Each spring’s cycle of birth and renewal reminds me that all mothers are essentially alike. One look at a momma cow with her calf lets you know you don’t want to mess with her baby.
Over decades, my students have written many essays detailing results of interfering with young animals. Mothers aren’t only tender. They are tough when necessary. Just a few days ago, a family of fledgling wrens reminded of how much my family is like theirs.
After recent rains, I was checking my greenery to see how plants were growing under the unusual wet conditions. Our portion of the creek had gone dry, and our buffalo grass couldn’t have been more dormant. I didn’t know if it was too late to save the foliage or not. An old grape vine down by the creek particularly interested me.
While I counted clusters and imagined jars of wild grape jelly, a rising crescendo disturbed my reverie. Since we have a wren family living off the back porch, I recognized the “shirring” and scolding. However, I had never heard so many wrens in an uproar at one time.
Evidently, I interrupted a mother and her fledglings as she taught them to find their own insect dinners. Not six feet behind me was a rotten log just loaded with tasty morsels for her and her babies. I interfered not only with her lesson, but also with some high quality dining.
Not meaning to threaten them, I quietly turned to watch this mom and her young. Apparently, even my statue-like presence created too much of a threat because she “shirred” and scolded more intensely. Like many a child I have seen in the grocery store’s candy counter turning its back and ignoring its scolding mother, these juvenile wrens did exactly that. They looked at mom and then at me. Then they returned to finding crunchy bugs.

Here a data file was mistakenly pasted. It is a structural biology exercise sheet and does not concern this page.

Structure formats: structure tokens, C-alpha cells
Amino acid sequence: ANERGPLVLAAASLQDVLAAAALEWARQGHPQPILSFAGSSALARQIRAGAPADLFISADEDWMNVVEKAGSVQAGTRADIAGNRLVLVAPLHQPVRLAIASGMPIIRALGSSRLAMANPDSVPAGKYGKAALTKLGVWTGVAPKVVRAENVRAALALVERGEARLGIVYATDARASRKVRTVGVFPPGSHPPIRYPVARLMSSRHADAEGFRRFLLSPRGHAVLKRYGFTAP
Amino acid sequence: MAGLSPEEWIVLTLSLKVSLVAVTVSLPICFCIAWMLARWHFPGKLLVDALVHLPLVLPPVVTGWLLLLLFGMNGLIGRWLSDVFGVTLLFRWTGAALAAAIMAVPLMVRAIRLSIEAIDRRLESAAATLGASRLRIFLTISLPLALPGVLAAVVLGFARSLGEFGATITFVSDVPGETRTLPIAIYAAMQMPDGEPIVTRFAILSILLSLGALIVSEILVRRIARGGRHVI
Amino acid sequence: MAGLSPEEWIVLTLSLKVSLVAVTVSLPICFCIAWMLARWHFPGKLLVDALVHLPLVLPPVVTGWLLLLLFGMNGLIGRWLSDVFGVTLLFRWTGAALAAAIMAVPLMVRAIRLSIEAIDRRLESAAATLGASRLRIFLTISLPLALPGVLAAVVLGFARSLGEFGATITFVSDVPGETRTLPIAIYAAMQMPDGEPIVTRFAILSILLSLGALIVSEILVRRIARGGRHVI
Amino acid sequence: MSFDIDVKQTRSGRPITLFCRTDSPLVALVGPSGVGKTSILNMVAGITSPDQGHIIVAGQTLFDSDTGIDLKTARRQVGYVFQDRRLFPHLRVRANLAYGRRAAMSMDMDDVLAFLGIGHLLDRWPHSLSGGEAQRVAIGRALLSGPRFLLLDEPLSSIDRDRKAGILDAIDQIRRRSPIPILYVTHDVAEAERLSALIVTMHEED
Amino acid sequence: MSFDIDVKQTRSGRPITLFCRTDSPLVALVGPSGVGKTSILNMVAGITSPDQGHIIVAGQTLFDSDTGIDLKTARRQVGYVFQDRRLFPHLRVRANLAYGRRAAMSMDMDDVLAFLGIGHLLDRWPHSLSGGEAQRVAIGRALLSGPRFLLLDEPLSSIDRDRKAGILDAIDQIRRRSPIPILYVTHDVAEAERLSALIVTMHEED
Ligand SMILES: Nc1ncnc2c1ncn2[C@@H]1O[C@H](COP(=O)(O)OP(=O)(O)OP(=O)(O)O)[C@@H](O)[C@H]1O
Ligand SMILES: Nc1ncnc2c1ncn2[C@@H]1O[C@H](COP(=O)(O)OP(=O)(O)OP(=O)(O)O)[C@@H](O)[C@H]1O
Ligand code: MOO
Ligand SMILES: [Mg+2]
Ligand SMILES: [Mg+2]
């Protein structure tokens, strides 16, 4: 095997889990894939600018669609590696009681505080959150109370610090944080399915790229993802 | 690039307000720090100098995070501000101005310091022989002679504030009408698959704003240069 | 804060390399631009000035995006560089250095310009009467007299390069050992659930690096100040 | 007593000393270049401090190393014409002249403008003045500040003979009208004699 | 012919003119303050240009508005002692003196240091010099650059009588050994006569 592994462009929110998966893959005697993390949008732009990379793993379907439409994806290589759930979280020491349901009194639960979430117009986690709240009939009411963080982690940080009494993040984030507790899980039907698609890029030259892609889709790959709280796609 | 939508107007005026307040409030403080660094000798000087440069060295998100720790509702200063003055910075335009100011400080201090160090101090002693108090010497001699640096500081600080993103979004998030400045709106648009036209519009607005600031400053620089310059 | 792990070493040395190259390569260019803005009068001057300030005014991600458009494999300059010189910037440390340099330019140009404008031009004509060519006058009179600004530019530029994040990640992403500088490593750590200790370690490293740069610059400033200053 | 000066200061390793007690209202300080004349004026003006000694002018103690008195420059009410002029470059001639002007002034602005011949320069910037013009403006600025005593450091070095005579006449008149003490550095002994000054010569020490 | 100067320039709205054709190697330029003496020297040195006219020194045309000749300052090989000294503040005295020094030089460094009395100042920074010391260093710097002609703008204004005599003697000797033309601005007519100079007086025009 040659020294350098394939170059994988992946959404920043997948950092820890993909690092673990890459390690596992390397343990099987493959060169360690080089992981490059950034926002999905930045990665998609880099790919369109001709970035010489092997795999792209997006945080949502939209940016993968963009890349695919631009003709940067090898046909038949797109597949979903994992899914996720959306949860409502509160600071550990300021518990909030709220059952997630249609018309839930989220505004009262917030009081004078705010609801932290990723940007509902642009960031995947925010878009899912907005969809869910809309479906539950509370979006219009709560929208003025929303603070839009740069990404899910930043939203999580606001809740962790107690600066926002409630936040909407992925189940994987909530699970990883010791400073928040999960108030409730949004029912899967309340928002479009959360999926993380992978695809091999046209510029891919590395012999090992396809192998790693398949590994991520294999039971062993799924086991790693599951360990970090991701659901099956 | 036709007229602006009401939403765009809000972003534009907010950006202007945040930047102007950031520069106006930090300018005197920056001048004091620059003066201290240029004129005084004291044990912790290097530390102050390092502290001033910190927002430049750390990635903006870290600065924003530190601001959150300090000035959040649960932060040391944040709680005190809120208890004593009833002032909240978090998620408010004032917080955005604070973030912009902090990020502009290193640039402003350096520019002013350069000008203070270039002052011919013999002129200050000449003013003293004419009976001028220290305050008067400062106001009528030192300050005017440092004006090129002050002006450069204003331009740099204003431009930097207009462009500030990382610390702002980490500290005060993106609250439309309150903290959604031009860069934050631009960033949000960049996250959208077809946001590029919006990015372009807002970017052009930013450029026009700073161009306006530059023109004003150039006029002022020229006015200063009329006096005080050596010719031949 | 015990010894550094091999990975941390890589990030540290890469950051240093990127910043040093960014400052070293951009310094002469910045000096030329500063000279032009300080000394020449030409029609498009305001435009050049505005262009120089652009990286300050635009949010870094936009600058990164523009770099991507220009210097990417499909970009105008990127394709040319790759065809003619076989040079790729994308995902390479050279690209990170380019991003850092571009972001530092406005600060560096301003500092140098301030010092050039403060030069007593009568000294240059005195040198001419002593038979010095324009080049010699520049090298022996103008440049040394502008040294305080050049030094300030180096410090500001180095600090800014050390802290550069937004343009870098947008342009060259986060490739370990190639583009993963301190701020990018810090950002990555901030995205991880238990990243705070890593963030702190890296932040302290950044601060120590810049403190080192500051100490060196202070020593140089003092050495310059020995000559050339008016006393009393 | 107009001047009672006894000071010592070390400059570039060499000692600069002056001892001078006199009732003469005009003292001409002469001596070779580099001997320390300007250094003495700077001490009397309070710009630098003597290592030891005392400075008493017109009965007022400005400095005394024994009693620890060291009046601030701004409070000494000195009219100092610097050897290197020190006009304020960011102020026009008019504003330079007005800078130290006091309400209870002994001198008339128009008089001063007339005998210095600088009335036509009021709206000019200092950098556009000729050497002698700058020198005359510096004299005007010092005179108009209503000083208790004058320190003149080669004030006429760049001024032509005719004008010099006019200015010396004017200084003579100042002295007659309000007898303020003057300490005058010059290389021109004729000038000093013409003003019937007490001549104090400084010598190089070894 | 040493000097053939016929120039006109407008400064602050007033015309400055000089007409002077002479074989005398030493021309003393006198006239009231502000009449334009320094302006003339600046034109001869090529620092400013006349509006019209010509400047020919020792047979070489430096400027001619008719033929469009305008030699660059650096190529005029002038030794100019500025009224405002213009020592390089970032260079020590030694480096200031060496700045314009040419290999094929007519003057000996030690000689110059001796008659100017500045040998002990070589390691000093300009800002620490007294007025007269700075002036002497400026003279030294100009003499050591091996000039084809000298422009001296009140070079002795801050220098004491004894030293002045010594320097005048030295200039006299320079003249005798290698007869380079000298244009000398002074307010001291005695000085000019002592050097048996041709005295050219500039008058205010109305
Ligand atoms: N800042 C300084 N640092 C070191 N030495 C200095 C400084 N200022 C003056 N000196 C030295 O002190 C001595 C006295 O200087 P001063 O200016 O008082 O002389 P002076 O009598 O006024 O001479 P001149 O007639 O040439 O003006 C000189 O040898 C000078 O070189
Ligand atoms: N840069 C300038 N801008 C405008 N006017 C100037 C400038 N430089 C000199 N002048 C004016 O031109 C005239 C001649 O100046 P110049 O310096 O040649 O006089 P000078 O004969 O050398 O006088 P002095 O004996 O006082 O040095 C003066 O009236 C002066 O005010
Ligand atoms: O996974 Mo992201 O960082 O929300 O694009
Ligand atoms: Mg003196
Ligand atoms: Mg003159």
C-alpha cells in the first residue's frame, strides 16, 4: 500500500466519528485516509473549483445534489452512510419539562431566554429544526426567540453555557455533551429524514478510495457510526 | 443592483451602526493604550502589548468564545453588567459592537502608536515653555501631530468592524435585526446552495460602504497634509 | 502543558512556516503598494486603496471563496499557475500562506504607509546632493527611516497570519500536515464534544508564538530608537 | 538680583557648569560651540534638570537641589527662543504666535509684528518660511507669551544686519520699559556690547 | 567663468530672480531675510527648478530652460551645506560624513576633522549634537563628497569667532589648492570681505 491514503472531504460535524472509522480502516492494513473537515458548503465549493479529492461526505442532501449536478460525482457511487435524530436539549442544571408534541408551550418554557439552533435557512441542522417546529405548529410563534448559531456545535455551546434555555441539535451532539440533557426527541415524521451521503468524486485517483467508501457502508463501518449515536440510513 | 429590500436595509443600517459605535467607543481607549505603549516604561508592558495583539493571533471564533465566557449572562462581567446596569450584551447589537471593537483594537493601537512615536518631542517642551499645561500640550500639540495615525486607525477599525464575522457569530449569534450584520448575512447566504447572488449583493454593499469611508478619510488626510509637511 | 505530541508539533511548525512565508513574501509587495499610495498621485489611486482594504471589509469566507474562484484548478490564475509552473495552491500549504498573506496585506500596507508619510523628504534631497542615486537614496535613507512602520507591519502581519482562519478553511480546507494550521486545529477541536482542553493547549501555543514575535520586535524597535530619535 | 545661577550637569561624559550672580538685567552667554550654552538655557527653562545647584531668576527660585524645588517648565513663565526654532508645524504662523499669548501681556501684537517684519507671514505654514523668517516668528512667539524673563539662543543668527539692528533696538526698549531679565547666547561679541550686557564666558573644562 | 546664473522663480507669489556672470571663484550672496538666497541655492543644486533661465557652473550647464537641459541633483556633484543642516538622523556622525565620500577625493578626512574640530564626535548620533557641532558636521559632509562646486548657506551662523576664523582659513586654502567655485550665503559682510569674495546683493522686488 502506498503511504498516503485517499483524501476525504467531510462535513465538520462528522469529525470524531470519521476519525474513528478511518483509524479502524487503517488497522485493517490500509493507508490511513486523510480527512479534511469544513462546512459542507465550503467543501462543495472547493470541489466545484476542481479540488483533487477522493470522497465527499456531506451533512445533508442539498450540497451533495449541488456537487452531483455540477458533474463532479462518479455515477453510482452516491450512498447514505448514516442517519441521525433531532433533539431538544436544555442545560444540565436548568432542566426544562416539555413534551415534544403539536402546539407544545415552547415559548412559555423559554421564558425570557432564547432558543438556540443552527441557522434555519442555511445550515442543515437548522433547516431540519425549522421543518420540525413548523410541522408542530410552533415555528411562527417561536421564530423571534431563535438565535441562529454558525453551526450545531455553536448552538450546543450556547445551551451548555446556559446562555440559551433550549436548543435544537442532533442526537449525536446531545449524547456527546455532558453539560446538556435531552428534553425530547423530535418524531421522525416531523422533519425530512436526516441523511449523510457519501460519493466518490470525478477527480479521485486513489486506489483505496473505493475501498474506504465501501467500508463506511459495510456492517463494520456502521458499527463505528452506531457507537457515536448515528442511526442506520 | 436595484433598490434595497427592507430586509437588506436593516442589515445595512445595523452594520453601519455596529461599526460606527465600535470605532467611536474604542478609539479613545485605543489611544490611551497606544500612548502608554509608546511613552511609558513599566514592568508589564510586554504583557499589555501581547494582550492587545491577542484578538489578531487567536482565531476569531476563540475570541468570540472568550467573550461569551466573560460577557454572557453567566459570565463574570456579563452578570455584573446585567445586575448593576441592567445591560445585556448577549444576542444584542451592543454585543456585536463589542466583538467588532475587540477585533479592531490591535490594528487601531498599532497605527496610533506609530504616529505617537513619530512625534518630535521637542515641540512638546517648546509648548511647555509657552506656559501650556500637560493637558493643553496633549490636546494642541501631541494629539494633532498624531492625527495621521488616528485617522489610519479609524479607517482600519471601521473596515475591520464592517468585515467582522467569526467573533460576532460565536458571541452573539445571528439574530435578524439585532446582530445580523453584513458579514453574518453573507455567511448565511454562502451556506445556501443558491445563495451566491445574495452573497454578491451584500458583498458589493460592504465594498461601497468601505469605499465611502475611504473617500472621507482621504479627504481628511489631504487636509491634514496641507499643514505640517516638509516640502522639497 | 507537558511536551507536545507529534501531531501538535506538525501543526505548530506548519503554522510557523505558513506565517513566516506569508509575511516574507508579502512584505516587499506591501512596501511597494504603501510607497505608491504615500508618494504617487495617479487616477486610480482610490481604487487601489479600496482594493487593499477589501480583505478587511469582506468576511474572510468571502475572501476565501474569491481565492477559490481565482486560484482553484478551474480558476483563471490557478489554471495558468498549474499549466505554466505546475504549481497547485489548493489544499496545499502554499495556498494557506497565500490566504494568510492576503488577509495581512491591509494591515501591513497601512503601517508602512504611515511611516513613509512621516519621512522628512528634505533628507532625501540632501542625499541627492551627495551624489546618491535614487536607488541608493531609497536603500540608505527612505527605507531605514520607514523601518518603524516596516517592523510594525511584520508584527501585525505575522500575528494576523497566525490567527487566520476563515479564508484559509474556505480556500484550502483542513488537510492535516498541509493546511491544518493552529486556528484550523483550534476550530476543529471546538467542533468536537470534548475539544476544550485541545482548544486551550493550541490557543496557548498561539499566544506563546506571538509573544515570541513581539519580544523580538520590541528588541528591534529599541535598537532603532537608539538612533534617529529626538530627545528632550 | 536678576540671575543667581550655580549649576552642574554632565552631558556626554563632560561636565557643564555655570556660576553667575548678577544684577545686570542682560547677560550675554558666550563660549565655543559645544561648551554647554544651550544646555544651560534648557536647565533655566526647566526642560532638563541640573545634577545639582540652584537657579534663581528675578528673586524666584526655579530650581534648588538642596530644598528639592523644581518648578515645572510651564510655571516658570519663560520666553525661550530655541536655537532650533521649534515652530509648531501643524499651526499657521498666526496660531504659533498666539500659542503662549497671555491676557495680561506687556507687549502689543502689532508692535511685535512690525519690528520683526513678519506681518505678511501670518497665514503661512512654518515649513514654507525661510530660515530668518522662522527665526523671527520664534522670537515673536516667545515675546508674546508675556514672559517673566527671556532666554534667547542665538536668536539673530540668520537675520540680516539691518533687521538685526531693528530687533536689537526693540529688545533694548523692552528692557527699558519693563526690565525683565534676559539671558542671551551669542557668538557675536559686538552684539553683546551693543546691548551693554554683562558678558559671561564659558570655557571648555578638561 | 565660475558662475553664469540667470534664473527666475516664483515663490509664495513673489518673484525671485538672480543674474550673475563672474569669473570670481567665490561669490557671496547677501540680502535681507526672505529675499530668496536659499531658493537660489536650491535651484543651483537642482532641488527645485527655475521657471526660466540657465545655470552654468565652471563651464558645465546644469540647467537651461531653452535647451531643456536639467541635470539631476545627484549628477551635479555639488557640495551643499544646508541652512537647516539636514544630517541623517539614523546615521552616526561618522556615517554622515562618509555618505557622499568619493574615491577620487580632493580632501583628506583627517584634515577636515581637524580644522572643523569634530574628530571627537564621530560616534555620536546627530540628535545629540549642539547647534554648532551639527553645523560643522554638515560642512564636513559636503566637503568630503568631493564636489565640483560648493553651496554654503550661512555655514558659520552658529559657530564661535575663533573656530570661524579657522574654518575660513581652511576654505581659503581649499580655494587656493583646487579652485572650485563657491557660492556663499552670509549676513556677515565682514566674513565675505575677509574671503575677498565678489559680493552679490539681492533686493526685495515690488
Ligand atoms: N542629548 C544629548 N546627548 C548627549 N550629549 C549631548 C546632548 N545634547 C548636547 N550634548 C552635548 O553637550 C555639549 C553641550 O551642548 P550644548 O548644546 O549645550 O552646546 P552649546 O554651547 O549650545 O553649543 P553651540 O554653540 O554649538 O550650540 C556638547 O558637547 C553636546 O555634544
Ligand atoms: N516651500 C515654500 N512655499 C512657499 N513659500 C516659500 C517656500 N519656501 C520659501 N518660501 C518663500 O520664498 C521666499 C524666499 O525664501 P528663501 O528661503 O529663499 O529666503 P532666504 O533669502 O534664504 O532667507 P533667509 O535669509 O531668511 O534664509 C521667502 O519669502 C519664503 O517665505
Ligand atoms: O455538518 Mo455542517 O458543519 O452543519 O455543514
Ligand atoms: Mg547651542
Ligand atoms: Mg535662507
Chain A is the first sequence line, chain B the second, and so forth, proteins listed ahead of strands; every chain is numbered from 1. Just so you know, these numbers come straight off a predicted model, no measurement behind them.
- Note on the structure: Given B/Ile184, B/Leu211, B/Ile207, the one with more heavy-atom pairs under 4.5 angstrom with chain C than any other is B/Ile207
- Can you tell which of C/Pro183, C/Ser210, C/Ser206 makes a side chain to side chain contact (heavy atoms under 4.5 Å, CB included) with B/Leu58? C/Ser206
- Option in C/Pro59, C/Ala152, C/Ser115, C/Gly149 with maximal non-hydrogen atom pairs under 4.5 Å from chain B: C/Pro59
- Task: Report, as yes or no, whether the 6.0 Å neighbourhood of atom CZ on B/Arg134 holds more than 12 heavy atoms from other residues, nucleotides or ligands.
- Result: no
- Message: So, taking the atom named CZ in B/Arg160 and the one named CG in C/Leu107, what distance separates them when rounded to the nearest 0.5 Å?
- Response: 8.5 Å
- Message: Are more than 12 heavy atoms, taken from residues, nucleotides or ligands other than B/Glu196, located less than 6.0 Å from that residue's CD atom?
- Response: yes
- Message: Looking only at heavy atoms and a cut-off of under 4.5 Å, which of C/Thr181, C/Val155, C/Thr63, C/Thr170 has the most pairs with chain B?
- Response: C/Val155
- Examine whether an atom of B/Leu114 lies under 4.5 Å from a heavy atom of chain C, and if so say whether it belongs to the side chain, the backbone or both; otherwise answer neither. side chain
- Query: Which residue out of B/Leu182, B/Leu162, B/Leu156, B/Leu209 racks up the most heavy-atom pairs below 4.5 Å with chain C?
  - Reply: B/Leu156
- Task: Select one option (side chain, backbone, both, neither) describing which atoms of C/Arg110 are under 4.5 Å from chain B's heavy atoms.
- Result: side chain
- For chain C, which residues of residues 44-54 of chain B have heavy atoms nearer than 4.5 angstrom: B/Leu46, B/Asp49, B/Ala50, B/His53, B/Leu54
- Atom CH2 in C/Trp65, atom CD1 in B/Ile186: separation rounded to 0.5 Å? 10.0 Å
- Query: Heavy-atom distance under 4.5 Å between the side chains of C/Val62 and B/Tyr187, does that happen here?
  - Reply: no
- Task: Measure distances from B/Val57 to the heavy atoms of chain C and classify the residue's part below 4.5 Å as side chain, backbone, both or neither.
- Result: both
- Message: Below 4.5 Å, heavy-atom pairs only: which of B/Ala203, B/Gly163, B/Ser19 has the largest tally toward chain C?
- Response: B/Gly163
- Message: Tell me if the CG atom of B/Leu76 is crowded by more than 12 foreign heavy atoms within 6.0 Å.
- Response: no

This drove the mother nuts. She flitted away and back and away again. With each flit, her tone intensified at least an octave. I am not a wren, but I understood what she meant. Finally, all but one of the little birds reluctantly left the dinner table to fly to shelter. I couldn’t see them, but I could hear mom and fledglings’ raucous comments. Nobody in that tree was happy.
That left one little wren at the log. Most families have one child that doesn’t learn from others’ experiences. This little fellow wasn’t concerned that mom and now siblings were fussing because it hadn’t fled the threat with them. Its mother intensified her vocalizations and still didn’t receive a second look.
I know how Momma Wren felt since we recently fledged a youngster. As our daughters moved into adulthood, I find myself apologizing to my mother or thanking her for being so patient with me. It is no easy task letting children go, especially those who must learn through experience.
Finally, my mother’s heart couldn’t take Momma Wren’s frantic cries any longer. Since her baby wouldn’t respond, I left, removing the threat that alarmed her. As I walked away, I recalled my own mother’s wish for me: I hope that baby wren has a young one just like it.